The previous post suggested that viewing Tolkien’s fictional representation of evil from a specifically Thomistic perspective may put us in a position to appreciate (better, at least, than many scholars have been able to do) the simultaneous coherence of Tolkien’s portrayal of evil and its paradoxical complexity. I went on, however, to note those respects in which Thomas’s own metaphysics of evil is quite conventional or traditional in its basic Augustinian or Christian-Neoplatonic outlook.

Where Thomas does finally depart from or at least improvise upon the traditional Augustinian reckoning of evil, according to Carlos Steel his innovations are more Aristotelian (and therefore still Socratic and Greek, in Steel’s view) than they are distinctly Christian. To resolve the perplexity left open by Augustine and earlier Neoplatonists as to how evil actions are caused, Thomas in question 49 of the Summa applies the Aristotelian distinction between per se and accidental causality.[1] In contrast to classical Neoplatonism’s typical denial that evil has an efficient cause, Thomas begins the corpus of his first article with an emphatic affirmation that “every evil in some way has a cause” (ST 1.49.1).[2] As the “absence of the good which is natural and due to a thing,” there must be a cause to explain why anything should “fail” or be “drawn out” from its “natural and due disposition.”[3] Thomas nevertheless agrees with the Neoplatonic premise that “only good can be a cause, because nothing can be a cause except in so far as it is a being, and every being, as such, is good.”[4] The question, then, is how something good can cause evil. Thomas’s answer is that what is good is able to cause evil, not insofar as it is good in itself (per se causality), but only accidentally. An accidental cause of an effect is a cause that produces an effect not intentionally, but by producing some second, unintended effect with which the first, intended effect is somehow accidentally connected. As we will see in a future post, it is this Aristotelian distinction between per se and per accidens causality that Aquinas applies to the question of how the rational will is ever able to do or choose evil while intending something good.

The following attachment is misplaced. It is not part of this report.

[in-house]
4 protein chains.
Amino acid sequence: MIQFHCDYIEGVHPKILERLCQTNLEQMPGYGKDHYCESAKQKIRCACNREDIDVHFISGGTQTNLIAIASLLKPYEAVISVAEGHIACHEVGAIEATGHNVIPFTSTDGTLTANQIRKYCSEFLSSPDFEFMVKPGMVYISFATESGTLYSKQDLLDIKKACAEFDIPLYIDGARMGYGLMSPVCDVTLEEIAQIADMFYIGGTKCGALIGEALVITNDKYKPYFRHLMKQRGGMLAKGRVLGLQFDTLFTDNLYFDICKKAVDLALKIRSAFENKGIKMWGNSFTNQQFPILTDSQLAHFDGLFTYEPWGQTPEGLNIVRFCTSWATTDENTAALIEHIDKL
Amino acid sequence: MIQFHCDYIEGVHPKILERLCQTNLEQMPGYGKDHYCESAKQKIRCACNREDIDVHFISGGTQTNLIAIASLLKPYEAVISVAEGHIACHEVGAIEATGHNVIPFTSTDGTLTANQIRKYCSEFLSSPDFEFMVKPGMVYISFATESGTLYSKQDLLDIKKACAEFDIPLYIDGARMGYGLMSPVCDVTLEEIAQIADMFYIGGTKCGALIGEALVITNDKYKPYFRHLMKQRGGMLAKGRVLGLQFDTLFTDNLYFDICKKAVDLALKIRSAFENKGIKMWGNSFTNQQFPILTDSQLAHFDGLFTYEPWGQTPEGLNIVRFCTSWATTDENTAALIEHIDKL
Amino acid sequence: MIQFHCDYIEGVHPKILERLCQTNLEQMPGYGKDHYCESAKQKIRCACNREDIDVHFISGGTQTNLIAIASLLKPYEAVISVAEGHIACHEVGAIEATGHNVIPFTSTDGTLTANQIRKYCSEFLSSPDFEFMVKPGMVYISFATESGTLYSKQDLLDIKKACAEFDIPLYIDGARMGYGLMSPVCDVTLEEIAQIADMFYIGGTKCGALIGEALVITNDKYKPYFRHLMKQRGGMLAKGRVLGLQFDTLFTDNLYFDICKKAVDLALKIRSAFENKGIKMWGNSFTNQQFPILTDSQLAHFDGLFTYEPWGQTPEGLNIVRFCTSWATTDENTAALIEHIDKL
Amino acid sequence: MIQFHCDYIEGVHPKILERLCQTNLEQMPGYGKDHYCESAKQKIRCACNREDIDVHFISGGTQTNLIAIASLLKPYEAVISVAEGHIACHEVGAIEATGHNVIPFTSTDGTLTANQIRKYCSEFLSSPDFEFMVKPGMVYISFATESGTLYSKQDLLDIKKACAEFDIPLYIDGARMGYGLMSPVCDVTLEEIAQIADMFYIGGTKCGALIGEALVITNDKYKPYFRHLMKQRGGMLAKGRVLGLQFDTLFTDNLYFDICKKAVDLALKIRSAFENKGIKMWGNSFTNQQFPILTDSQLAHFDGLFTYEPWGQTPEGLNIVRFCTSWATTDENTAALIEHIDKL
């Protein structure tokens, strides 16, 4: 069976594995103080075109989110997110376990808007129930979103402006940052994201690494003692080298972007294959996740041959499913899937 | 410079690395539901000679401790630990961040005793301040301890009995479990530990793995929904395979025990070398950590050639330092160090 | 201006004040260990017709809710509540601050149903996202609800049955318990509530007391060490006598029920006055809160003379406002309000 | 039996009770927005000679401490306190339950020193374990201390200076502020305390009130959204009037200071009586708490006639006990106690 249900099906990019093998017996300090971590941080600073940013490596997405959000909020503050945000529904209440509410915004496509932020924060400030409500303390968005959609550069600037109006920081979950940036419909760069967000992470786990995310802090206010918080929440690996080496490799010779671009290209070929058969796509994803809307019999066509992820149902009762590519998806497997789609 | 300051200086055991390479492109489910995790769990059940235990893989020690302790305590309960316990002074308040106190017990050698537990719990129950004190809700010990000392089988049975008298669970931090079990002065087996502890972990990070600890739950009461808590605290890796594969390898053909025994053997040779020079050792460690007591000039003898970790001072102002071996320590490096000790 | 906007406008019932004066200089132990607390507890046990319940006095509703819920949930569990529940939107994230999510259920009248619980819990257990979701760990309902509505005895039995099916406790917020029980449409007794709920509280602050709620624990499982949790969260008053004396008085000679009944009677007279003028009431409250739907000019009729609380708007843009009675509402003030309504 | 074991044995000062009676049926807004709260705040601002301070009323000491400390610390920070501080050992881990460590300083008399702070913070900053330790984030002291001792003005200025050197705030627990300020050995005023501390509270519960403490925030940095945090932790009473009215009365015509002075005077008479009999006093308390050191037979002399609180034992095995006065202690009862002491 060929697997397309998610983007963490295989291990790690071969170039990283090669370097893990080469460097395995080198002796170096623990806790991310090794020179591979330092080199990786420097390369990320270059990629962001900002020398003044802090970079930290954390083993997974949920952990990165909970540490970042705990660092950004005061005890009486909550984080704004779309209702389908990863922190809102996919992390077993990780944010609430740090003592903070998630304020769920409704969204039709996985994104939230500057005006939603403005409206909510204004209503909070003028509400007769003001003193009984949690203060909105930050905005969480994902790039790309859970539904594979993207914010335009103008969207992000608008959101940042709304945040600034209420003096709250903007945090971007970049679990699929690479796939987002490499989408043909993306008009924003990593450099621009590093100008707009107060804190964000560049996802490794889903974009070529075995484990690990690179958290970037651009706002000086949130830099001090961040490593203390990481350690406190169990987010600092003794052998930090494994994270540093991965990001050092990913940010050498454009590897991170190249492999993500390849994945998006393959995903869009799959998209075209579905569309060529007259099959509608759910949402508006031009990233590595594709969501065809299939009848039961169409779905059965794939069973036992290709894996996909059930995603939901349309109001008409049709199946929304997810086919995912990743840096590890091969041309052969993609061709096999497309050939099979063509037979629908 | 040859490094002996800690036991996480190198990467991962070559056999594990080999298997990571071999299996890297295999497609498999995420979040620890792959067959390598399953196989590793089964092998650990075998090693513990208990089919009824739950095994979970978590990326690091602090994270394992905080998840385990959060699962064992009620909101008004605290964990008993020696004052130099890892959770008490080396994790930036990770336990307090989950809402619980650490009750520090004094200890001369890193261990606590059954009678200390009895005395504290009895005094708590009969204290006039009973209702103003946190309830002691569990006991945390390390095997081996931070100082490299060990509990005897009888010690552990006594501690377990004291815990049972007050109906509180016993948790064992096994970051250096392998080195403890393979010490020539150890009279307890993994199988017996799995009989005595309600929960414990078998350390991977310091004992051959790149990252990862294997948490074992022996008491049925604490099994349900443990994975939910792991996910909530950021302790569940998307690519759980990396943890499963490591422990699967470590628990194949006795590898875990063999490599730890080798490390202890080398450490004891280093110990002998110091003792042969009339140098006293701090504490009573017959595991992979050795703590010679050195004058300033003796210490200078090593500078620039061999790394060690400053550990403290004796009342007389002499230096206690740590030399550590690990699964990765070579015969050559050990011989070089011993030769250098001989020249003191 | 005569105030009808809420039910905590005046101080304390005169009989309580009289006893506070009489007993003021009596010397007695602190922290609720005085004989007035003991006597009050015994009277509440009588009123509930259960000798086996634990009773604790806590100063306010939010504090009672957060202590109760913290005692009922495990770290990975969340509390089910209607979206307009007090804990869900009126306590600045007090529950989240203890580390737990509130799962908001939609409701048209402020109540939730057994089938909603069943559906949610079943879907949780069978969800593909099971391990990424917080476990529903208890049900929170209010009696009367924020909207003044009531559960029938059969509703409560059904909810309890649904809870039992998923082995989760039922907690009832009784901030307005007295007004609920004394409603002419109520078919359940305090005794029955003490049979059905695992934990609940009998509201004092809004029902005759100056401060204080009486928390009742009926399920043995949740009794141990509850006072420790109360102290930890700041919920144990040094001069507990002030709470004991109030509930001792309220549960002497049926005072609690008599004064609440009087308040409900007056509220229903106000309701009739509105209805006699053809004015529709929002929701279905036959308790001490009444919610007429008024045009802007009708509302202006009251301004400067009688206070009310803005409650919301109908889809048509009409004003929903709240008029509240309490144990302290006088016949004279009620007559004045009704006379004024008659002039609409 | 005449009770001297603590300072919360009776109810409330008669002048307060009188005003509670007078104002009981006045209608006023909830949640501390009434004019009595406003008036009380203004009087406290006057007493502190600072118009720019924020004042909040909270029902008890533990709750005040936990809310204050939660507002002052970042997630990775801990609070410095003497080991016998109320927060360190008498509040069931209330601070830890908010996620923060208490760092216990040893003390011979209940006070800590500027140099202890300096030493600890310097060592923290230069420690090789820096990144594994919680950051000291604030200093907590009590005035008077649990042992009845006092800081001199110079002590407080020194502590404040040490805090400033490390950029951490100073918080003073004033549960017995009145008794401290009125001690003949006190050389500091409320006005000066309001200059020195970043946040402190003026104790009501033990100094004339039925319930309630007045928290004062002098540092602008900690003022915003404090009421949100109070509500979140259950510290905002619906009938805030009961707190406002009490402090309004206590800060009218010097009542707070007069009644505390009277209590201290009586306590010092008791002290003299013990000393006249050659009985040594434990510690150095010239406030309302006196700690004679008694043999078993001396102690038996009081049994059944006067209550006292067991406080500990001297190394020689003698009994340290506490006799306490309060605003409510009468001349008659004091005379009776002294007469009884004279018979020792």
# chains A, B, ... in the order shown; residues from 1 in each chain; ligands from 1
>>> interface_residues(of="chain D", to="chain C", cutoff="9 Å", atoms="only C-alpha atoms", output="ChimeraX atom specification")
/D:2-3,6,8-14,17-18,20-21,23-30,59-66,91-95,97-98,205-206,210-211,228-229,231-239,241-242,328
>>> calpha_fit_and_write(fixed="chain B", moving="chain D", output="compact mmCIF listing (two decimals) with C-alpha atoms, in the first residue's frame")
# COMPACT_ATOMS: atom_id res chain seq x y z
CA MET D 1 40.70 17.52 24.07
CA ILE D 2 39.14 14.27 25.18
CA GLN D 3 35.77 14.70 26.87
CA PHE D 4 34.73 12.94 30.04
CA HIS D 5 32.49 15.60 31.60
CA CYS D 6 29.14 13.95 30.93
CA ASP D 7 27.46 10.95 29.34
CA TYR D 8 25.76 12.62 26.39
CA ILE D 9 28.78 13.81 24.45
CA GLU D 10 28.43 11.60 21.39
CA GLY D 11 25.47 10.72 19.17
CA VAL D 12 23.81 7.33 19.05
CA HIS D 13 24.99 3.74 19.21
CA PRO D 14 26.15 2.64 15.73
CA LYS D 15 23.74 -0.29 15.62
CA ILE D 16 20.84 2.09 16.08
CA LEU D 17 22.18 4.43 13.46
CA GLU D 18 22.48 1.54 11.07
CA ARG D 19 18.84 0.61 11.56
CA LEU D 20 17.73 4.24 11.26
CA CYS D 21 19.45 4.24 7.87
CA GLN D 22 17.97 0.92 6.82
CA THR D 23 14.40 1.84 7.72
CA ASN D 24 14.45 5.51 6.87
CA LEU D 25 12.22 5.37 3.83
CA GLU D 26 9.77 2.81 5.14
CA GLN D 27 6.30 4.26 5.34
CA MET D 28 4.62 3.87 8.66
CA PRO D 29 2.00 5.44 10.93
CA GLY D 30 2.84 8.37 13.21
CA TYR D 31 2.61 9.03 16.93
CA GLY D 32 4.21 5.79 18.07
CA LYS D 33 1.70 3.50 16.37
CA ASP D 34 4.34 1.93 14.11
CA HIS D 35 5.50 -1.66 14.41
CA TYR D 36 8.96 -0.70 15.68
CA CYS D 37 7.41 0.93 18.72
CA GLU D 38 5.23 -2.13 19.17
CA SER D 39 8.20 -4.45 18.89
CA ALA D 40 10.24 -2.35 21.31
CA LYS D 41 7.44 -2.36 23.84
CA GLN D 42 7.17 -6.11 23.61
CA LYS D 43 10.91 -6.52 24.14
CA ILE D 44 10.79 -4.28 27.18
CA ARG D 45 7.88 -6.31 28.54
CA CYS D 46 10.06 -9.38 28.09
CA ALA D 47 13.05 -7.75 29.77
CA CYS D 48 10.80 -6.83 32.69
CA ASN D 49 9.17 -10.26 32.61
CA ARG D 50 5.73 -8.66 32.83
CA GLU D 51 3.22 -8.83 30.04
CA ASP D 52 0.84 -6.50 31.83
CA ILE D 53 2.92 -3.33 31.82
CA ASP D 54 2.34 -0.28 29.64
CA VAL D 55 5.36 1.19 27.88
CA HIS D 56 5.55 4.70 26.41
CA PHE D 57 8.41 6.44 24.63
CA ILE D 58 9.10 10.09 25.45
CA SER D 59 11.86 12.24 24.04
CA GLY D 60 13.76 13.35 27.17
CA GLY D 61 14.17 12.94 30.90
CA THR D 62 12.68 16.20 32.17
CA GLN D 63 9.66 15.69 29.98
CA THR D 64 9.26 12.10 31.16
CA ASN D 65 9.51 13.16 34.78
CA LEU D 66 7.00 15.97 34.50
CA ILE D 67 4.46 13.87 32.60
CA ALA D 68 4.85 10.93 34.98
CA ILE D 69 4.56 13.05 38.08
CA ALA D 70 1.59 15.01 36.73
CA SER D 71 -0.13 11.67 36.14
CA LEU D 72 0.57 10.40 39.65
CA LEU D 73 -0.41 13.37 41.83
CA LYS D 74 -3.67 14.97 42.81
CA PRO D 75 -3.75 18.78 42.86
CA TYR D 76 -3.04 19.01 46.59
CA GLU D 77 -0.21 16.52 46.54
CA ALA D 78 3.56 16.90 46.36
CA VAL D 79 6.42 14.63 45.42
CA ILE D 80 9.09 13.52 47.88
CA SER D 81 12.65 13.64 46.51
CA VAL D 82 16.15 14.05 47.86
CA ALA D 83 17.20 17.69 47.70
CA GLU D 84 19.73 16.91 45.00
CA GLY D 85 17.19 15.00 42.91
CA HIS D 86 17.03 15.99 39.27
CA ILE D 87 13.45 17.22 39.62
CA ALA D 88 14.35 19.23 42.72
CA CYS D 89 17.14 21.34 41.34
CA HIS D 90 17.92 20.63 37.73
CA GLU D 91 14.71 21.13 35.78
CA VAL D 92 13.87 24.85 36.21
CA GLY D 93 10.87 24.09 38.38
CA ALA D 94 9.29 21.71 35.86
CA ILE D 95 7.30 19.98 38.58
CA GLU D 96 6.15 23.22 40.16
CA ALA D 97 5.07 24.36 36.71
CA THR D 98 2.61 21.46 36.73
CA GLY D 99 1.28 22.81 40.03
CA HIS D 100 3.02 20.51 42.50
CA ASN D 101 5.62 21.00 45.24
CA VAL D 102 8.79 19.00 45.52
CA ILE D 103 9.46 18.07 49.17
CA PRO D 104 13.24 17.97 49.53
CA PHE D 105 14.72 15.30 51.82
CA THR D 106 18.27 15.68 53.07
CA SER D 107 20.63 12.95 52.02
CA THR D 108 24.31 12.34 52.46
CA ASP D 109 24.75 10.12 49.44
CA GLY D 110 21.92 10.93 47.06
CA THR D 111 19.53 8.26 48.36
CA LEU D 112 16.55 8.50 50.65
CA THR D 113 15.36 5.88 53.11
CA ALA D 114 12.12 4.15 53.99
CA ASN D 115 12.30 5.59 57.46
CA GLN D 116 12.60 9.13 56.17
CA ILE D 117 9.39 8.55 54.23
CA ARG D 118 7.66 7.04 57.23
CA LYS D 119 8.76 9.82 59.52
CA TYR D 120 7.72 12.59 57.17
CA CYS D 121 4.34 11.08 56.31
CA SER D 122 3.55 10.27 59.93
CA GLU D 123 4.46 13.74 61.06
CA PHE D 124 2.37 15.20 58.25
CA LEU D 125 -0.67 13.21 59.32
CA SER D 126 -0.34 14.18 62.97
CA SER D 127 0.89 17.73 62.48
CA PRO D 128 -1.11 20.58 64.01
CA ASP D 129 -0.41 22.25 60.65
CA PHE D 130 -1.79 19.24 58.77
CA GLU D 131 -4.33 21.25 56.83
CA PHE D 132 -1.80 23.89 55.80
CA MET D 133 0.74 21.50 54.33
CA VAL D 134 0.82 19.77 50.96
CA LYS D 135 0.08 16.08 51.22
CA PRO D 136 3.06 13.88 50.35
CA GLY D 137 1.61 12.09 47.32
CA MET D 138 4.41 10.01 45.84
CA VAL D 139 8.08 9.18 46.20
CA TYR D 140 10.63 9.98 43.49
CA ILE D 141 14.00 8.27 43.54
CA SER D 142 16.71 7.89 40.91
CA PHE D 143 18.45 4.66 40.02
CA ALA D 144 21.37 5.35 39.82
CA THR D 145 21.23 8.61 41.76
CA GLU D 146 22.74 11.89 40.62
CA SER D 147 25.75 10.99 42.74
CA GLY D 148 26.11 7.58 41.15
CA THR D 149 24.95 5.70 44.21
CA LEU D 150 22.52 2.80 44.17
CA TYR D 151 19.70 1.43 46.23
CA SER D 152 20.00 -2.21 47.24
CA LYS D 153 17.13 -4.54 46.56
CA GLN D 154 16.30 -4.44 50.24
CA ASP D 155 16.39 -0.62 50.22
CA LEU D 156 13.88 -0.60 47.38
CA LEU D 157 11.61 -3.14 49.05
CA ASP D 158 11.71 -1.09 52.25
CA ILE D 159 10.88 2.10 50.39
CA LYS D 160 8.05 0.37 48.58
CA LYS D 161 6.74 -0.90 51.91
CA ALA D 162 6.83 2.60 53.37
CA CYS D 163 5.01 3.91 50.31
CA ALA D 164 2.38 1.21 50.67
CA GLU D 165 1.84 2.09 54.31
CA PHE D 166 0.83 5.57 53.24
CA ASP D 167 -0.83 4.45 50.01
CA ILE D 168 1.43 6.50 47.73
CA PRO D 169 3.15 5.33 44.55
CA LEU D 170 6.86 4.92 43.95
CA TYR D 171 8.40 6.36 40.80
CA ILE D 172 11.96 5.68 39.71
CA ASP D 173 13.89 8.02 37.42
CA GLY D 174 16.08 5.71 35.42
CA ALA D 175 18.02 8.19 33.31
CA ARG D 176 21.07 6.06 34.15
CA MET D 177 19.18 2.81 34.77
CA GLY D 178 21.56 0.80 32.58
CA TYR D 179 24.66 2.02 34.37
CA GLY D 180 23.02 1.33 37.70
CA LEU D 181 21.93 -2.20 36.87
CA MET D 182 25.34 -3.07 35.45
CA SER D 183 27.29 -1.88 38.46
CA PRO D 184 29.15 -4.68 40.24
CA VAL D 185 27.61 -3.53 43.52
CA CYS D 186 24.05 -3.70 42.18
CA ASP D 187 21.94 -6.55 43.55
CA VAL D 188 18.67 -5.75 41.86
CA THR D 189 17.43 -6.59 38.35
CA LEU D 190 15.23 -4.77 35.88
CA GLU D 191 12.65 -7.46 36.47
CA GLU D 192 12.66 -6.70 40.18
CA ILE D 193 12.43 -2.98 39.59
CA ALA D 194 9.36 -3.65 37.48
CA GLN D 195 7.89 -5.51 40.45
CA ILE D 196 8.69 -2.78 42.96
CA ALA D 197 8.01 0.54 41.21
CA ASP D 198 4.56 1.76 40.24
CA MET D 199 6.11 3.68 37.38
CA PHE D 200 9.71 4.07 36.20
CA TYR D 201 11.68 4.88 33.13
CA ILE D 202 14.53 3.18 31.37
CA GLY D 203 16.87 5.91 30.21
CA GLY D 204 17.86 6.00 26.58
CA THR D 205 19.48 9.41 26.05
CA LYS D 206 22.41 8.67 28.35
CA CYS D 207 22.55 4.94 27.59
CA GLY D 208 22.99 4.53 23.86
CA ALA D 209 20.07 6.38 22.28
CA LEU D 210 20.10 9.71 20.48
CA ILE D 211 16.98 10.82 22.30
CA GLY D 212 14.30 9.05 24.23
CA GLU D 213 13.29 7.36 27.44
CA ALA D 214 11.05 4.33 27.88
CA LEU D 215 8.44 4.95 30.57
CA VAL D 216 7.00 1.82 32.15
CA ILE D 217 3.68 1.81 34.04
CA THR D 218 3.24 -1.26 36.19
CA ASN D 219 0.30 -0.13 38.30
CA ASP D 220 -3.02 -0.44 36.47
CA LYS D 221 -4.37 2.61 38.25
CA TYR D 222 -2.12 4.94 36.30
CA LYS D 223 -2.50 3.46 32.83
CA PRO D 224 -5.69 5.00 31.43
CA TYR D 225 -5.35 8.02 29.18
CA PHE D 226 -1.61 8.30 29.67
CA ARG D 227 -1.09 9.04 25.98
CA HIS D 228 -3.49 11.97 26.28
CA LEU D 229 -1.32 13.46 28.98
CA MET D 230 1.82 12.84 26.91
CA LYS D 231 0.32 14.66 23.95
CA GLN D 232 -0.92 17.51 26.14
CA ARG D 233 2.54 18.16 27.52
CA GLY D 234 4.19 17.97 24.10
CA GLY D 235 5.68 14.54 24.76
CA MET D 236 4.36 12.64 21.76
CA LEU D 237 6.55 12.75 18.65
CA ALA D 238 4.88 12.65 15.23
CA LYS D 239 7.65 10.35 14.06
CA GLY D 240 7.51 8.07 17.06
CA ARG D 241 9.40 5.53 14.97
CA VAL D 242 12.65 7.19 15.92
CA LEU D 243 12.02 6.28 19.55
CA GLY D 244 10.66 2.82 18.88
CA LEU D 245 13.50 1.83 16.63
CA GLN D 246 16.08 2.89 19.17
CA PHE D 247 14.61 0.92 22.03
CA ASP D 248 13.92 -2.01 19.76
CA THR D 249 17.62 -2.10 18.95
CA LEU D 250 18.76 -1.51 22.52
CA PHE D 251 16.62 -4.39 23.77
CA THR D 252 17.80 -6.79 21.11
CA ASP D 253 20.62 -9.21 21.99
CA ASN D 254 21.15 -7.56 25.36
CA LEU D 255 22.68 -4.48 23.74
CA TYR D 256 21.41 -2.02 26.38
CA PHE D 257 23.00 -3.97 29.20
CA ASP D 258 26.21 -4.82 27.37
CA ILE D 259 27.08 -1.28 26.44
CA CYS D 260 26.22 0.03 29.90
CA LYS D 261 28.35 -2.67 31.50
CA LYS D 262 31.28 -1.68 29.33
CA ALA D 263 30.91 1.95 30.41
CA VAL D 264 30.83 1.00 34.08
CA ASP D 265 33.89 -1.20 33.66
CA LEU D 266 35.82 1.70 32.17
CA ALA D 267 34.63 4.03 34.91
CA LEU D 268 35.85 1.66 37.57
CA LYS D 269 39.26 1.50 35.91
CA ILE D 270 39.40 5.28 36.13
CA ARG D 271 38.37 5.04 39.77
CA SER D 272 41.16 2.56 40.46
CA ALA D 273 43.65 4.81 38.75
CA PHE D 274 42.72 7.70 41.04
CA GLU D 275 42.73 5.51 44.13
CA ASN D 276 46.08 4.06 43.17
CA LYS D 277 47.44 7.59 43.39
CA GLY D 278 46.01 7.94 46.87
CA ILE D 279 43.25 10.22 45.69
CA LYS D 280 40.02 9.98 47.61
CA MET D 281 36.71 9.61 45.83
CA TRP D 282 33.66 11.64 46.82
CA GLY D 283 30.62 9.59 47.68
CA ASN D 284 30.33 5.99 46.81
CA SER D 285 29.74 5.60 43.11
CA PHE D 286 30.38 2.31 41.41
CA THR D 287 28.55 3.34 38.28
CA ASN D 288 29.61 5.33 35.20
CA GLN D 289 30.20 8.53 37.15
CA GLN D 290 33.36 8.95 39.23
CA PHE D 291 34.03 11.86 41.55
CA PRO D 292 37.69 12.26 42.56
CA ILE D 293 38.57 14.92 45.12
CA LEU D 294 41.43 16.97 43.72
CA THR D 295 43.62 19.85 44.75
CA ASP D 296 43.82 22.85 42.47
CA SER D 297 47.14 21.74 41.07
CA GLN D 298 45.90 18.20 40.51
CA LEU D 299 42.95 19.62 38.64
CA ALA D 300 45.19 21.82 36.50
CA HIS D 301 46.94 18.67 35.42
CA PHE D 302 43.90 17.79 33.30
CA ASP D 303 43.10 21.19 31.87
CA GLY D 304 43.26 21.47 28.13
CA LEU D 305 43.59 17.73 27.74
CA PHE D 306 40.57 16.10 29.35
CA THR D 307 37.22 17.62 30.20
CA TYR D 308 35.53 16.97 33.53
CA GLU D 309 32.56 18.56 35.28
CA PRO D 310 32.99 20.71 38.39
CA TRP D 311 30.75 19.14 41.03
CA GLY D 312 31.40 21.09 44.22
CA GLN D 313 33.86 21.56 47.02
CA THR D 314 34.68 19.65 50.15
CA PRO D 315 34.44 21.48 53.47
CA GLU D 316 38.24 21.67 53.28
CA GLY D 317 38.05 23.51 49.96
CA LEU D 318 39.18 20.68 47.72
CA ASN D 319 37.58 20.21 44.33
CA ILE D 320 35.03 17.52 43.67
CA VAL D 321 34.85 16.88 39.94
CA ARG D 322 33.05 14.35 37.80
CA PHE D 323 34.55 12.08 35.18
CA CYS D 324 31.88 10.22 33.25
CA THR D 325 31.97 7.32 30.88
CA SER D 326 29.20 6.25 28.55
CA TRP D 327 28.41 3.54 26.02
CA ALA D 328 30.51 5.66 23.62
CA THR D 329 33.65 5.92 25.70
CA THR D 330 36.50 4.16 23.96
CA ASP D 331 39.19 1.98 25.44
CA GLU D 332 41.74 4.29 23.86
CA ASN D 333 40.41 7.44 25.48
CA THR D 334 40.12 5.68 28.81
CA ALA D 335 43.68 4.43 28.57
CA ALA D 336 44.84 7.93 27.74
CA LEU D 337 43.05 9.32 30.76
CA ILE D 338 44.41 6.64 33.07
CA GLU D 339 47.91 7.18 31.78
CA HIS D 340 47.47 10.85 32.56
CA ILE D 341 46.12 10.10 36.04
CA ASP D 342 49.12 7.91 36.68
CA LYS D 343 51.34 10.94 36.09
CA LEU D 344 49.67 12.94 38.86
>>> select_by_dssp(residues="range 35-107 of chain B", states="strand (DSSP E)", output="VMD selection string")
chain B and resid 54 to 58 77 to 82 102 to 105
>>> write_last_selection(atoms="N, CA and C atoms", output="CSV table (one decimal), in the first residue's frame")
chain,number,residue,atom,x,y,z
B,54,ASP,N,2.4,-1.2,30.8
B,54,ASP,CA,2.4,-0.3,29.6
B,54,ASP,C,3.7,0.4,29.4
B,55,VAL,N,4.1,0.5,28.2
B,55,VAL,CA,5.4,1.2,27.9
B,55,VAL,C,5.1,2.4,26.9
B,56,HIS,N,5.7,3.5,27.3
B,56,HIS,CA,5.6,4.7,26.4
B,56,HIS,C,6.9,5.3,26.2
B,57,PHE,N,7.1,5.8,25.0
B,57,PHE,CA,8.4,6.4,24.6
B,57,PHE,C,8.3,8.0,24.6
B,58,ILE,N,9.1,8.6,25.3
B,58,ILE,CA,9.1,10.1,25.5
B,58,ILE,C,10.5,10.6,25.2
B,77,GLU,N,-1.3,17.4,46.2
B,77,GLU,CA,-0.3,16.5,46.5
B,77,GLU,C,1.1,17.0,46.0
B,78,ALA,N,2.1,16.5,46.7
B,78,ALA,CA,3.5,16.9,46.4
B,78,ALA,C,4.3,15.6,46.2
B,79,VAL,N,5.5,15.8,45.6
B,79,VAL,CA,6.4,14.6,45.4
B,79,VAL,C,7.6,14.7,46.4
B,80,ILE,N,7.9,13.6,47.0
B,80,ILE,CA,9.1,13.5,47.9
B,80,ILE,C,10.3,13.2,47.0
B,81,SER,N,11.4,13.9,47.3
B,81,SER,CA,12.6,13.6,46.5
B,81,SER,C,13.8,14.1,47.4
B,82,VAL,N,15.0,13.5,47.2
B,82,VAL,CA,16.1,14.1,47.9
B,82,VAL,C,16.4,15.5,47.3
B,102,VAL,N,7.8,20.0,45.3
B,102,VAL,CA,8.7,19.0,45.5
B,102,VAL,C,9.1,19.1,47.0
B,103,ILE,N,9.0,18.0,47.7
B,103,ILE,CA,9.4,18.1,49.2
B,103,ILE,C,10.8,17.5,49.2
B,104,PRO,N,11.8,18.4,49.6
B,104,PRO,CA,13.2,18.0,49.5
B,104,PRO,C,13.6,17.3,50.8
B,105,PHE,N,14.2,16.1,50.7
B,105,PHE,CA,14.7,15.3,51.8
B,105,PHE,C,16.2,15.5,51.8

[1] Steel, “Does Evil Have a Cause?”, 259. Thomas finds the distinction, for example, implied in chapter two of book five of Aristotle’s Metaphysics and applies it to the problem of the causality of evil. Aquinas, Commentary on the Metaphysics of Aristotle 5.3.781 and 789. (See also On Evil 1.3. Aristotle also distinguishes between per se and accidental causality in his discussion of chance in Physics 2.5.) Steel, however, implies that the application of Aristotle’s distinction between per se and accidental causality to the problem of the causality of evil was actually original with Aquinas, whereas Denis O’Brien points out that Plotinus also used the distinction to explain how the soul becomes evil through its contact with matter: “The soul becomes evil, when she does so, only ‘accidentally’, and, even then, only through the presence of matter.” O’Brien, “Plotinus on Matter and Evil,” 184, citing Plotinus, Enneads 1.8.12 and 14. As John Milbank also observes (“Evil: Silence and Darkness,” 21), preceding Aquinas in his notion of the accidental causality of evil is Pseudo-Dionysius, who writes that “evil exists as an accident. It is there by means of something else. Its source does not lie within itself. Hence something we do for the sake of the Good looks right and yet is not really so when we consider to be good what is actually not so.” Pseudo-Dionysius, The Divine Names 4.32.

[2] “[O]mne malum aliqualiter causam habeat.”

[3] “Quod autem aliquid deficiat a sua naturali et debita dispositione, non potest provenire nisi ex aliqua causa trahente rem extra suam dispositionem…”